If you haven’t checked out ‘Fuller House’ on Netflix, I’ll give you two very big and bouncy reasons to….
Now that that’s out of the way, on to the Fuller House Revival Review:
Of course, with or without Jodie Sweetin’s grown-up can-cans I was always going to watch this revival in its entirety. I, like most everyone else from my generation, was partly raised by Danny, Jesse and Joey inside that San Francisco home. While many sitcoms of the day wrestled with important issues and life lessons, ‘Full House’s unique combination of kids at three different ages, along with three father figures (plus Becky) was able to portray multiple points of view on hot button topics like smoking and first loves without getting overly stale.
The new show is little more than a nostalgia plug, with nothing groundbreaking or paradigm shifting within its makeup. ‘Fuller House’ reunites the old cast of Full House in a 13 episode traditional sitcom with minimal serialization that seems to be driving current shows like ‘New Girl’ and ‘Last Man on Earth’. DJ gets a pretty standard love triangle arc and Kimmie Gibler starts on again with her on again off again ex-husband and father of her teenage daughter, Ramona (I think she’s a teenager, I can never tell these days).
As much as Stamos, Saget and Coulier are being trotted out to hype the series, in the first 13 episodes the old man trio are used sparingly and oftentimes just one at a time in a B storyline or as a quick bit role for a pop entrance and a couple of laughs (or attempts at laughs). The opening scene reintroducing the entire cast was fun, complete with shots fired at absentees Mary-Kate and Ashley Olsen. From there, though, the series gets a bit dicey.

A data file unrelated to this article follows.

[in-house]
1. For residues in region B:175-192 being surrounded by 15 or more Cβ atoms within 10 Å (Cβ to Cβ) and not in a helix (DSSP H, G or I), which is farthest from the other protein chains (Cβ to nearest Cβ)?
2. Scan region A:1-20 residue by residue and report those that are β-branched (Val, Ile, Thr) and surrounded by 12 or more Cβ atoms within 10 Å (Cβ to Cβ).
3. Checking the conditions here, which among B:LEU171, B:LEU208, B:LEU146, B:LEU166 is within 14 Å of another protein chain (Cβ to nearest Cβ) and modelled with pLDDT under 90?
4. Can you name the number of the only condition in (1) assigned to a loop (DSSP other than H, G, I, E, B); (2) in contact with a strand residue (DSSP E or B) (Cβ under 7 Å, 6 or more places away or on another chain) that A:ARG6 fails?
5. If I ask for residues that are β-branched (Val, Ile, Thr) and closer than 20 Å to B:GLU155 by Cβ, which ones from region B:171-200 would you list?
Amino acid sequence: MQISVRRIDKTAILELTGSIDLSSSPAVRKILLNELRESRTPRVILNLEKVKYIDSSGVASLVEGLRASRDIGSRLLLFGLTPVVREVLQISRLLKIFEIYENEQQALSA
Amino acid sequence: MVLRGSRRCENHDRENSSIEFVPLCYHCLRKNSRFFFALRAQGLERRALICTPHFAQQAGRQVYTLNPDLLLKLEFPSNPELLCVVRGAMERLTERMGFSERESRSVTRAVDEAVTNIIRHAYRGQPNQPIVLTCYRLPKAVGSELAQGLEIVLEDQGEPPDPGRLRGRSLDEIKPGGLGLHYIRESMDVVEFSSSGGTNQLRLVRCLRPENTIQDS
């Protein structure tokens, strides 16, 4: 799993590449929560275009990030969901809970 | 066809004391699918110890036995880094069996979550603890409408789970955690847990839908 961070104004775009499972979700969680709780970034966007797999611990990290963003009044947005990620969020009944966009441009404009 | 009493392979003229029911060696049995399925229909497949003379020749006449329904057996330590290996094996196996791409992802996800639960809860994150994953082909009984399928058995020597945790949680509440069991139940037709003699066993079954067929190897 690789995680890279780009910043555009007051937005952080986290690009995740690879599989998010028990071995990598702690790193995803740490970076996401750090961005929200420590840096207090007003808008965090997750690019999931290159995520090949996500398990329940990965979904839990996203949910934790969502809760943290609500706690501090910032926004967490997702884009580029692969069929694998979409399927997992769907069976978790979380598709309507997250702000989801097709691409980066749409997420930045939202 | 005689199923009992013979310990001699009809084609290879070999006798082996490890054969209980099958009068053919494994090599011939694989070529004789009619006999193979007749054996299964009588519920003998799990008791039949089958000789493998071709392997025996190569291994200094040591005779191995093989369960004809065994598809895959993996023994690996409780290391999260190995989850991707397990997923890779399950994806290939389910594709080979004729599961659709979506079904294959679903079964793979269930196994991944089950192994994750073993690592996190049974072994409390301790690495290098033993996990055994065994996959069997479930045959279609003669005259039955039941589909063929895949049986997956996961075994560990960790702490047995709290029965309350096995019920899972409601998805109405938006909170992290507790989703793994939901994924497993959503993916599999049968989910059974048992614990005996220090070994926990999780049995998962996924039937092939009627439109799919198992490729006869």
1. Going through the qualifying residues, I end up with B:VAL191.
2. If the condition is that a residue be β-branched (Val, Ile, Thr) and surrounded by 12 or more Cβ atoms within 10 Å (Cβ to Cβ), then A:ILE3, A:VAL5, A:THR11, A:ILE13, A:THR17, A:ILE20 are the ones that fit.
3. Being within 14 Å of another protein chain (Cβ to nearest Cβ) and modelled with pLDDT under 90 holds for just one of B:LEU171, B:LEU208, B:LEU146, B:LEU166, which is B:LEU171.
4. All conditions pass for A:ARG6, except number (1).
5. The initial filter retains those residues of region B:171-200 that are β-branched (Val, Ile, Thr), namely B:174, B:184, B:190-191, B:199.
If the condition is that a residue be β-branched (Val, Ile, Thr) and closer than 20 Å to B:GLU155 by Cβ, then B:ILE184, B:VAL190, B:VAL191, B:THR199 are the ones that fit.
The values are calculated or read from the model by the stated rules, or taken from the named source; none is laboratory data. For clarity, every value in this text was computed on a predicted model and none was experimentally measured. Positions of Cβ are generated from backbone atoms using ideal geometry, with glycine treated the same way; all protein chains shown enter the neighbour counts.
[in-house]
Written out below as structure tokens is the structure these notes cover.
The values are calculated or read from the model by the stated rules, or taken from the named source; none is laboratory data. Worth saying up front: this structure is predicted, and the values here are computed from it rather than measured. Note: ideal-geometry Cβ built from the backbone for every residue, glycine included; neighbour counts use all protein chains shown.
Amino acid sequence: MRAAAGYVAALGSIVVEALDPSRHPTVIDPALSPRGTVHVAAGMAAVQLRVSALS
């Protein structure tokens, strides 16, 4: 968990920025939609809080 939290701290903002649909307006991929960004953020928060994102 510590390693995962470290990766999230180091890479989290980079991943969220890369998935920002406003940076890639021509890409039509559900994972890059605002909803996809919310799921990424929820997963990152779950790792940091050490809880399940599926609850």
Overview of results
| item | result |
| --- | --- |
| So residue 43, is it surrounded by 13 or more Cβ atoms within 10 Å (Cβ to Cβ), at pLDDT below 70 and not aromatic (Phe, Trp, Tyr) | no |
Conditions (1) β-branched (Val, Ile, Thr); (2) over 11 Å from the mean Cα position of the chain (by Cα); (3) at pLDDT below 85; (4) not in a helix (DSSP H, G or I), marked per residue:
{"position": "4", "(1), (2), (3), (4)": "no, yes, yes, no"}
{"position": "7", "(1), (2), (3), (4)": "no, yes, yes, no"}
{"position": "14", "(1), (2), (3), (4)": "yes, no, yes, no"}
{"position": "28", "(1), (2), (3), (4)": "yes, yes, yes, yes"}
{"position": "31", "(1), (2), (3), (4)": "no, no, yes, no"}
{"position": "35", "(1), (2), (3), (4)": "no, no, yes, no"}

One of the more tone-deaf turns of the series comes in the form of Kimmie Gibler’s ex-husband (or soon to be ex-husband until they start “canoodling” again). Juan Pablo Di Pace is completely over the top in his portrayal of Fernando, Spanish Race Car Driver, Womanizer and father of Ramona. His accent, frantic gestures, love of the dramatic and equal love of the American Girls Store fit within a stereotypical framework. However, let’s not forget that Kimmie Gibler was and is one weird chick (is that an eggs and bacon scarf?). It stands to reason that her husband would also be a weirdo, and weirdo’s come in all manner of shapes, races and stereotypes. So cool it with assuming that Fernando epitomizes every white middle class family’s idea of a crazy Spaniard. He’s funny (looking).
Conversely, by far the best and funniest moments come from middle child Max (played by Elias Harger), which shouldn’t surprise anybody who knows that Stephanie quickly became the heart and soul of the original series. The other newcomers to the Full House family, Kimmie’s daughter Ramona and DJ’s oldest, Jackson, have a complicated relationship of grumpy annoyance/budding buddies, and should begin an even more intricate friendship as the show grows.
Would this series last on ABC between ‘The Goldbergs’ and ‘Modern Family’? Not a chance. But Netflix is a perfect home for it. The revival is dropping 13 episodes at a time, with an audience that enjoys watching television (why else would you already be paying for Netflix?), and an audience that is high on nostalgia these days (see the upcoming ‘Gilmore Girls’ revival and ‘Teenage Mutant Ninja Turtles’ movie complete with BeeBop and Rocksteady).
Add the nostalgia factor with a guest appearance from San Francisco’s own Hunter Pence, and pop culture references to ‘The Bachelorette’, Donald Trump and pot brownies, and you get something that’s worth a bingewatch if you’re up for an evening of nostalgia, and only worth writing about if you’re a certified tv-aholic.